Saturday, April 1, 2006
Despite constant warnings, controlled flight into terrain continues to vex general aviation pilots
It seems as though every time you read a paper, there’s something about a pilot crashing a perfectly good airplane into the ground. These sad events are typically referred to as controlled flight into terrain or CFIT. Most of these CFIT catastrophes result from a pilot’s breakdown in situational awareness (SA) instead of one of the more arresting emergencies, such as an engine failure or a fire. In other words, these accidents are, for the most part, entirely preventable by the pilot. If that isn’t thought provoking enough, these CFIT statistics should raise the hairs on the back of every general aviation (GA) pilot’s neck: 80% of all CFIT accidents involve GA aircraft, of which 70% occur in single-engine models. Even more tragically, 75% of CFIT calamities result in the deaths of all occupants.
So how can pilots avoid CFIT? An important step is to evaluate operational risks. As you can imagine, certain flight ventures are more precarious than others. The key is to properly prepare for flights that have an elevated hazard level while avoiding those that are downright dangerous. The Flight Safety Foundation has created a CFIT risk checklist outlining what operations increase risk and by how much (www.flightsafety.org/pdf/cfit_check.pdf). The majority of CFIT accidents occur during takeoff, climb-out, approach and landing.
Not surprisingly, flights with few visual cues, such as night operations and IMC flights, have a dramatically increased CFIT risk. Other situations that can increase the probability of the CFIT menace are “black hole” approaches or those at fields with limited lighting. Illuminations such as a visual approach slope indicator (VASI) can keep you safe (VASIs actually provide obstacle clearance within 4 nm and +/-10 degrees of the runway centerline).
For the instrument pilot, non-precision and circle-to-land arrivals carry more risk than precision and straight-in landings. Improperly using minimum descent altitudes (MDAs) and decision altitudes (DAs)—for example, descending below them when you’re not supposed to—is asking for trouble. Many unwanted collisions with trees and rocks have been attributed to pilots, knowingly or not, who have dismissed MDAs. Also, visual descent points (VDPs) and making “normal descents to land” are crucial to avoid seeing pines in the landing lights.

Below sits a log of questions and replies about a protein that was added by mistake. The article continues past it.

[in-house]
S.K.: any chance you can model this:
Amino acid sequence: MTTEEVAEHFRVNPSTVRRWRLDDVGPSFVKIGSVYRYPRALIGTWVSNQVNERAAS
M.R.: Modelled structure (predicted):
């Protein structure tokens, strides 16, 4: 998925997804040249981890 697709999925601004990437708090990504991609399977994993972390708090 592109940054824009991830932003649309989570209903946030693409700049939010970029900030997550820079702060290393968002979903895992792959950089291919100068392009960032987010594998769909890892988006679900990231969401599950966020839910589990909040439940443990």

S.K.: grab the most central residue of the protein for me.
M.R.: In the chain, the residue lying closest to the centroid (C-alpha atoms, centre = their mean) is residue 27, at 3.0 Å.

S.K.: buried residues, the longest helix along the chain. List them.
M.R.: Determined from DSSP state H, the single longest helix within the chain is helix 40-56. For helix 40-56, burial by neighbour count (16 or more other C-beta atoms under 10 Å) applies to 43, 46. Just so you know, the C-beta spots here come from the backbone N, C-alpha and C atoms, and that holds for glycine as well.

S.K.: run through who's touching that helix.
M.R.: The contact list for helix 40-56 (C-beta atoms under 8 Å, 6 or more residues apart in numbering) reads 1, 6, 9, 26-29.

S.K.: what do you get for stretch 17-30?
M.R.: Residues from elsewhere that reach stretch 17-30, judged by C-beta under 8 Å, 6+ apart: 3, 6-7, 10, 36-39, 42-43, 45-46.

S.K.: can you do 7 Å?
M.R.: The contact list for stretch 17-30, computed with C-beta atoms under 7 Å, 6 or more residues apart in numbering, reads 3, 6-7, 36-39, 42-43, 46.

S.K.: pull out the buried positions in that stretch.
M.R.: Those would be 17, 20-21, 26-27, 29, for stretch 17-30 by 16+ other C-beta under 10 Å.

Some CFIT threats have nothing to do with being able to see the terrain. Lots of pilots don’t compare aircraft performance to what will be required for departure, en route and go-around. In a recent accident, a pilot simply smacked into a mountain because he neglected to compare his actual aircraft service ceiling (taking into account ambient air temperature because service ceiling is a function of density altitude) to the height of terrain en route. What a shame that a little planning could have prevented such a tragedy.
Many IFR departure procedures (DPs) exceed the performance capabilities of GA aircraft, yet pilots still head off without concern. And while the FARs don’t force Part 91 operators (most GA pilots) to comply with DPs and takeoff minima, to ignore them is nonsensical. Also, the thought that DPs should only be considered if you’re flying IFR is an ill-founded concept. There’s no better way to ensure obstacle avoidance from a strange airport at night than to use a DP.
Flying by yourself is another CFIT risk. This can be construed in two different ways. One way to fly on your own is to stay outside radar contact. No radar, no ATC low-altitude alerts. This is yet another great reason to take advantage of flight following, when available. The other type of solo flight is just as it sounds—you have an empty seat to your side. If you’re not in the plane by yourself, enlist the help of those on board. Even if your passengers aren’t aeronautically inclined, they can provide some assistance by helping you stay organized, etc. By adding an extra set of eyes to the cockpit, you can reduce risk (this is one reason why airliners have two pilots). One very important consideration: If you have more than one pilot in the cockpit, make sure at least one is actually flying the airplane. If that sounds stupid, it should, but several accidents, including one involving an L1011, have resulted from such situations.
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